It remains to be seen whether Arpaio will seriously pursue this race. But the octogenarian’s attempted comeback isn’t exactly thrilling his potential future colleagues.

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Controversial former Maricopa County Sheriff Joe Arpaio (R) will run for the Senate in Arizona, throwing a bomb into the campaign to replace retiring Sen. Jeff Flake (R-AZ).

“I think Washington needs me, the president needs me. I’ve got a lot of experience, 60 years, I’ve dedicated my life serving our country. We’ll see what happens,” Arpaio told TPM in a brief phone conversation Tuesday morning.

Arpaio’s decision to run — first reported by the Washington Examiner — creates further chaos in the race to replace Flake, who decided to retire earlier this year after his criticism of President Trump erased his chances at winning a GOP primary.

The 85-year-old former Maricopa County sheriff has a long history of controversial actions and hostility to immigrants. His department’s sometimes-brutal policing tactics, embrace of racial profiling, and his refusal to change them in the face of court orders led to his being convicted of contempt earlier this year — but he was spared from a possible prison sentence when President Trump decided to pardon his longtime ally.

Arpaio told TPM he didn’t discuss his decision with Trump or White House officials before announcing.

“I haven’t talked to the president about this,” he said. “This is something I decided to do, to go to Washington and be different.”

But he talked up his controversial record, describing it as an asset in the race.

“As a sheriff, I’ve done some controversial investigations,” he said, talking up his earlier work as a DEA agent and later bringing up the construction of a border wall as a way to curtail the influx of “drugs destroying our country.”

If elected, Arpaio would immediately become the Senate’s oldest member — Sens. Dianne Feinstein (D-CA) and Chuck Grassley (R-IA) are 84. But he said his age was an asset, not a problem, in the race.

“I’m a senior citizen so I don’t expect to make a career out of Washington like most politicians do,” he said.

Arpaio will square off with former state Sen. Kelli Ward (R), another firebrand conservative, in the race. Rep. Martha McSally (R-AZ), an establishment favorite who likely would give the GOP its best chance of holding onto the seat, is expected to announce her own bid in the coming days.

The seat is a top pickup opportunity for Democrats, who have rallied around Rep. Kyrsten Sinema (D-AZ). The state is fast trending Democratic due to explosive growth in the Hispanic community, and Trump won it by just four percentage points last fall. Arpaio also lost reelection on the same day in the state’s most populous county, and Republicans worry that Arpaio could cost them the seat — and possibly control of the Senate, after their recent debacle in Alabama with former Judge Roy Moore as their nominee narrowed their edge in the Senate to 51-49.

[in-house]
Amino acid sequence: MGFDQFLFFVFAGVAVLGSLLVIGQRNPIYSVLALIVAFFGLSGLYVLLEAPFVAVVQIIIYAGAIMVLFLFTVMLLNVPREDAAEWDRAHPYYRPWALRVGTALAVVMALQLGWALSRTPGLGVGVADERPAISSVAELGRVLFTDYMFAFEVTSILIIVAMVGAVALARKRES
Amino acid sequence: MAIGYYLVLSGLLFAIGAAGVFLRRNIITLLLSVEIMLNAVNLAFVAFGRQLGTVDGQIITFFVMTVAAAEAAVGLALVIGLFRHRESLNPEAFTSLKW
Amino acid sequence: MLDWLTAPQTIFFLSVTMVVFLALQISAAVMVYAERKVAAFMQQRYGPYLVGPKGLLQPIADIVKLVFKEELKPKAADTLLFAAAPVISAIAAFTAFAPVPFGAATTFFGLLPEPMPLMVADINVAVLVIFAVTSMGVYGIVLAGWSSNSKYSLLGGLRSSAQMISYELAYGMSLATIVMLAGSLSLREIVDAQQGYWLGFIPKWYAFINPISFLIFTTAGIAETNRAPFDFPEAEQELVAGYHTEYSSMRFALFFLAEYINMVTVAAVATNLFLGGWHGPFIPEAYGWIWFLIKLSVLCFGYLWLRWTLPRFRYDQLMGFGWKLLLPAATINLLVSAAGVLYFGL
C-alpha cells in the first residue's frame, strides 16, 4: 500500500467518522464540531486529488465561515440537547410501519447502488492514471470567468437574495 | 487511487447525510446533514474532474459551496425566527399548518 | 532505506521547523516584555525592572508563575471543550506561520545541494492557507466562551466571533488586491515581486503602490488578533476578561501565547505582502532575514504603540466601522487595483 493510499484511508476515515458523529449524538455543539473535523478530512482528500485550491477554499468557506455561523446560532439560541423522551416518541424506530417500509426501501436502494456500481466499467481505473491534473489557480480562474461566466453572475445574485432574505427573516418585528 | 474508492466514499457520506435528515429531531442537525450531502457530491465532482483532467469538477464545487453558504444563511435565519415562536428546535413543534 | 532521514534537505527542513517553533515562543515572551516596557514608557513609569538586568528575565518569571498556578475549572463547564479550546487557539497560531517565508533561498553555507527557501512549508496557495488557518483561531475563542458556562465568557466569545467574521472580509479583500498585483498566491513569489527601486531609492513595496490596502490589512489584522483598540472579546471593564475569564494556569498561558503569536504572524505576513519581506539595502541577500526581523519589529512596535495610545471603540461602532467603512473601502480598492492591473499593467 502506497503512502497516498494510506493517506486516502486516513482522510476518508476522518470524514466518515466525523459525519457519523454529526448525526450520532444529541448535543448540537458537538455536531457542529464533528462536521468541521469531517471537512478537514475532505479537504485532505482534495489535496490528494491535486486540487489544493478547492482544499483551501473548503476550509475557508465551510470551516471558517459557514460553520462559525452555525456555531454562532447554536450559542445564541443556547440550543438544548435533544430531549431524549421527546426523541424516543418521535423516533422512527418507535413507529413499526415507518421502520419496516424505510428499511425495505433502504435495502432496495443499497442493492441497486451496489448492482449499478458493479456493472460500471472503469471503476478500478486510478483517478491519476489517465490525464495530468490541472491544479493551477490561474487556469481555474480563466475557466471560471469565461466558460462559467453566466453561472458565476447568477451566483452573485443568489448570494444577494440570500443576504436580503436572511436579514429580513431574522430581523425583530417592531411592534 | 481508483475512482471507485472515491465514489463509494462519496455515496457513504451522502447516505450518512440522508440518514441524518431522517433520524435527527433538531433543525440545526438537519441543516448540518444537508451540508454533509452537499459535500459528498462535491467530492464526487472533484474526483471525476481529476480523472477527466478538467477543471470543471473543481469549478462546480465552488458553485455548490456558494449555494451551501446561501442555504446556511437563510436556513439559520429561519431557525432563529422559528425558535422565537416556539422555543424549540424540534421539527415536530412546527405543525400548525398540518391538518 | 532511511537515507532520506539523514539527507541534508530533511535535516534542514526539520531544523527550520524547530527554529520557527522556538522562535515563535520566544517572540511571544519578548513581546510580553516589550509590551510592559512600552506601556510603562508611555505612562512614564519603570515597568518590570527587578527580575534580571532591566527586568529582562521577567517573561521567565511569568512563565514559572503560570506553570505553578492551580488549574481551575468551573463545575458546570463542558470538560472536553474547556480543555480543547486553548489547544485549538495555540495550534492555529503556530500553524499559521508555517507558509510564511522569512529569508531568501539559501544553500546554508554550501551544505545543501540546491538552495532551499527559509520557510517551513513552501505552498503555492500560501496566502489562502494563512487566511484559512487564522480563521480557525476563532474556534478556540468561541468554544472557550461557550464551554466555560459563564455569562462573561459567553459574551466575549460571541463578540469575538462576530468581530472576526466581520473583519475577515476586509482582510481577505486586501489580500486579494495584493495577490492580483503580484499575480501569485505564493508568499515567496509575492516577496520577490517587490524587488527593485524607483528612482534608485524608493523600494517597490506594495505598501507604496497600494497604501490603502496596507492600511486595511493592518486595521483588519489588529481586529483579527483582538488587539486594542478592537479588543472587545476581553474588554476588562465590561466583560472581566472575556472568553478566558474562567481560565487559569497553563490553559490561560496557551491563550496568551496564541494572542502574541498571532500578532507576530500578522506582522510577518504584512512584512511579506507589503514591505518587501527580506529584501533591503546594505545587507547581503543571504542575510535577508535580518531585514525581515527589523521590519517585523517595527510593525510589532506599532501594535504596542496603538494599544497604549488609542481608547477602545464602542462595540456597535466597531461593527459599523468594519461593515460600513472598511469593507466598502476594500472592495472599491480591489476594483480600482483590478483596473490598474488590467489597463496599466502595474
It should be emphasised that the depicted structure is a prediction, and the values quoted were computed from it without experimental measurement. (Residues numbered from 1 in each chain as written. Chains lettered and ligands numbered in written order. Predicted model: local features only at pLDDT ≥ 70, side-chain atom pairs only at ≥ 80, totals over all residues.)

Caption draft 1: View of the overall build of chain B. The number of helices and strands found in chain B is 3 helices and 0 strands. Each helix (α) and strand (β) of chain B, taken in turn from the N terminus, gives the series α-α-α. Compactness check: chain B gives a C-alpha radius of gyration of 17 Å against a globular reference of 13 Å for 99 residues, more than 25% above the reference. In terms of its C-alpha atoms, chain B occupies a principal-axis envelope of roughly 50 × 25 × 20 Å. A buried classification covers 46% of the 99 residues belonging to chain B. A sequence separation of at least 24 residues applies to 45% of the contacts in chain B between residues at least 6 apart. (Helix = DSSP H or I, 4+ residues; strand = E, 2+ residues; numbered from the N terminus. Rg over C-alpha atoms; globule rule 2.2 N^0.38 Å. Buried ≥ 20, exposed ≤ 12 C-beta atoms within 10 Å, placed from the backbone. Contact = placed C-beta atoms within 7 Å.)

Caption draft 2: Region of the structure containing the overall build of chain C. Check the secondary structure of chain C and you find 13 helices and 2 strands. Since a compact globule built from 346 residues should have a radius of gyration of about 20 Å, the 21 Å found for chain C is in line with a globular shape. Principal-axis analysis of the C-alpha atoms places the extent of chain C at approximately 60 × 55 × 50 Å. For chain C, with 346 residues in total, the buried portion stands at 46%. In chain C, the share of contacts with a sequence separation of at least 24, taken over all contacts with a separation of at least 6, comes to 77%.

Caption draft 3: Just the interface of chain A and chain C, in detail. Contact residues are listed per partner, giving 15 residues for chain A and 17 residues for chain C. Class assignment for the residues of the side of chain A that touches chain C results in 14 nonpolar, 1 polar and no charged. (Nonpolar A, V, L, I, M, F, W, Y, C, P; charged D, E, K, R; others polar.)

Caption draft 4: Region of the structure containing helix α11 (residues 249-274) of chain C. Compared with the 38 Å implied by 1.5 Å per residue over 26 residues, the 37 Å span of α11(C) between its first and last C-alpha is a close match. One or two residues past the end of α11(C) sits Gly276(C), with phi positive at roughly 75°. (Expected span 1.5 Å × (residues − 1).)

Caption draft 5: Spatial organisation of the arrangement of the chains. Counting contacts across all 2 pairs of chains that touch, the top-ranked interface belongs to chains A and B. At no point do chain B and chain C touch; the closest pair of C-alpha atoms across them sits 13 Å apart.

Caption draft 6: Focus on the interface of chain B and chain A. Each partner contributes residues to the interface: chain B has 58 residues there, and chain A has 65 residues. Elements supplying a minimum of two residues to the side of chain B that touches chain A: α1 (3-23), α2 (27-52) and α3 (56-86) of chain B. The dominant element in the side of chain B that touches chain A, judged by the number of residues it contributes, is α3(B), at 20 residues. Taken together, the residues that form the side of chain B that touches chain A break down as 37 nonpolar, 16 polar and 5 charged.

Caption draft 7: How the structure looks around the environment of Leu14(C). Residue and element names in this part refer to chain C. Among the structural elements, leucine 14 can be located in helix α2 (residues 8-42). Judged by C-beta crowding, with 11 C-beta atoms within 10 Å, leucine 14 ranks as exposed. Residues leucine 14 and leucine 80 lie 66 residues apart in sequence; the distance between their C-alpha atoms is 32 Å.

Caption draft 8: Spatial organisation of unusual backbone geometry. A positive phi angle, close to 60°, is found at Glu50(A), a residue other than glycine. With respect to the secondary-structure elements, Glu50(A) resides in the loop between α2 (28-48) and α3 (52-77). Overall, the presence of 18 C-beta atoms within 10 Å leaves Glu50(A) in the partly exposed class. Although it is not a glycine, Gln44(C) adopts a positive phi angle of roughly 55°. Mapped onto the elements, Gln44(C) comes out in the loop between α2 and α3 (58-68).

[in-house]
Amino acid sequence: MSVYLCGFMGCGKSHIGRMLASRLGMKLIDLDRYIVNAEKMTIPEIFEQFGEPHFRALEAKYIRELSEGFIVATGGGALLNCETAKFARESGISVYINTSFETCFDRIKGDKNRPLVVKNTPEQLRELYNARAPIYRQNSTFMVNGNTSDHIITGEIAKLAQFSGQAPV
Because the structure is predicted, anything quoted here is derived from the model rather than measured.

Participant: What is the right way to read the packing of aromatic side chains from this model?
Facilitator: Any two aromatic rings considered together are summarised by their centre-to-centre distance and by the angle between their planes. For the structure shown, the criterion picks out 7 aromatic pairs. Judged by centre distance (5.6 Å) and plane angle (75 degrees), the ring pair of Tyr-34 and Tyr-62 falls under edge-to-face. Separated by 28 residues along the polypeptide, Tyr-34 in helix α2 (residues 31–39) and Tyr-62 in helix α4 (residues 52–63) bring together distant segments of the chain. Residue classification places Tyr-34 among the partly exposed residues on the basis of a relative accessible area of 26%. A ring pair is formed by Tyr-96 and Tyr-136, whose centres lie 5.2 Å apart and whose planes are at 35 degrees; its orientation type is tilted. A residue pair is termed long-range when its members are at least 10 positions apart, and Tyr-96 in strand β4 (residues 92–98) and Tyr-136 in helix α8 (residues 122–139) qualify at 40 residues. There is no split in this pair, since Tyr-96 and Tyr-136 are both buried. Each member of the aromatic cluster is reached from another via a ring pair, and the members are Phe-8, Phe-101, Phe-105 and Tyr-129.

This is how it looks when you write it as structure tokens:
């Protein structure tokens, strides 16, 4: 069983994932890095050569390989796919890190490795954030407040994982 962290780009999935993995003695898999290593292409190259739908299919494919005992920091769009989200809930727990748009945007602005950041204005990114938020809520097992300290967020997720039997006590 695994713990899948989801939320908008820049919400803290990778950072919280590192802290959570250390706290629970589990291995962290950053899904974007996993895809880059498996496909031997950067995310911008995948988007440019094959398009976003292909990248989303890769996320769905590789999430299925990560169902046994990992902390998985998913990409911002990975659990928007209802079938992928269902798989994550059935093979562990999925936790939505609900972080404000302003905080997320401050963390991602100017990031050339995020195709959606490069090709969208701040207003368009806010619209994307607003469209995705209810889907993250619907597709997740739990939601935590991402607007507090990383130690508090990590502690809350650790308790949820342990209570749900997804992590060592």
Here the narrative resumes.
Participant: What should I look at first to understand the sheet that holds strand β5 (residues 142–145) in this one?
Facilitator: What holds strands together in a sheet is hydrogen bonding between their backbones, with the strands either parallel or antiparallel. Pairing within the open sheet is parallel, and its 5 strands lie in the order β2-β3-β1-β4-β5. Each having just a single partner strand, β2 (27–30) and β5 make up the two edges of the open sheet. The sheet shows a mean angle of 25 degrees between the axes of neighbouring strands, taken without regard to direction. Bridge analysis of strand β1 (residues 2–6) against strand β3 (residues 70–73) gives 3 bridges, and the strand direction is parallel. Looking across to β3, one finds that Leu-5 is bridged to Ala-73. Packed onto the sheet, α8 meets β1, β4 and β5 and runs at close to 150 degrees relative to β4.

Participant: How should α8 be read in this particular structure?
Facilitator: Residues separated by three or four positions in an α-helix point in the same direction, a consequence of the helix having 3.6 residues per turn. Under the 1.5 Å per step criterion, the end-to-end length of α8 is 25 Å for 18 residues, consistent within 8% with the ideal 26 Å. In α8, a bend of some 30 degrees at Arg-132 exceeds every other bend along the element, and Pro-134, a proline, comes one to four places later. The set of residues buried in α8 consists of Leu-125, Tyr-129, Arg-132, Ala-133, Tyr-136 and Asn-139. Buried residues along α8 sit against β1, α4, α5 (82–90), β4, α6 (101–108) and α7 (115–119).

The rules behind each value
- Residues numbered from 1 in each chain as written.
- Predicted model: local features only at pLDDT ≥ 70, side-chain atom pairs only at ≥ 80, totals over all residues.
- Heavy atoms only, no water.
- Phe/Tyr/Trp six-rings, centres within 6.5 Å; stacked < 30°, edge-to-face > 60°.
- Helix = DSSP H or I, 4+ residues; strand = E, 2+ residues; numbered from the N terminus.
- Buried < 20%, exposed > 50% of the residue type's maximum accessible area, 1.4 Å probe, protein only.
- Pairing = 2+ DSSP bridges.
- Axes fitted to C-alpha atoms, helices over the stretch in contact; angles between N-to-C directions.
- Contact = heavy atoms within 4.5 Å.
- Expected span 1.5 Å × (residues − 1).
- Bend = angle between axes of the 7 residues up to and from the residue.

It’s unclear whether Arpaio’s campaign will ultimately help his party by splitting the hardline vote and giving McSally a better chance at the nomination, or whether his huge celebrity in the state and his devoted following could make him a tough challenge in the race. It’s also unclear how vigorously the 85-year-old will run, or what campaign infrastructure he’ll be able to construct.

Arpaio declined to discuss his primary opponents. But he didn’t sound worried about his chances in the race.

“I’ve never lost a Republican primary in my political career. I don’t expect to lose this one either,” he said.

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House Foreign Affairs Committee Chairman Ed Royce (R-CA) will retire at the end of his term, handing Democrats a huge opportunity in a Democratic-trending district and marking the latest sign of a building blue wave in the 2018 elections.

“In this final year of my Foreign Affairs Committee chairmanship, I want to focus fully on the urgent threats facing our nation,” Royce said in a statement Monday evening. “With this in mind, and with the support of my wife Marie, I have decided not to seek reelection in November.”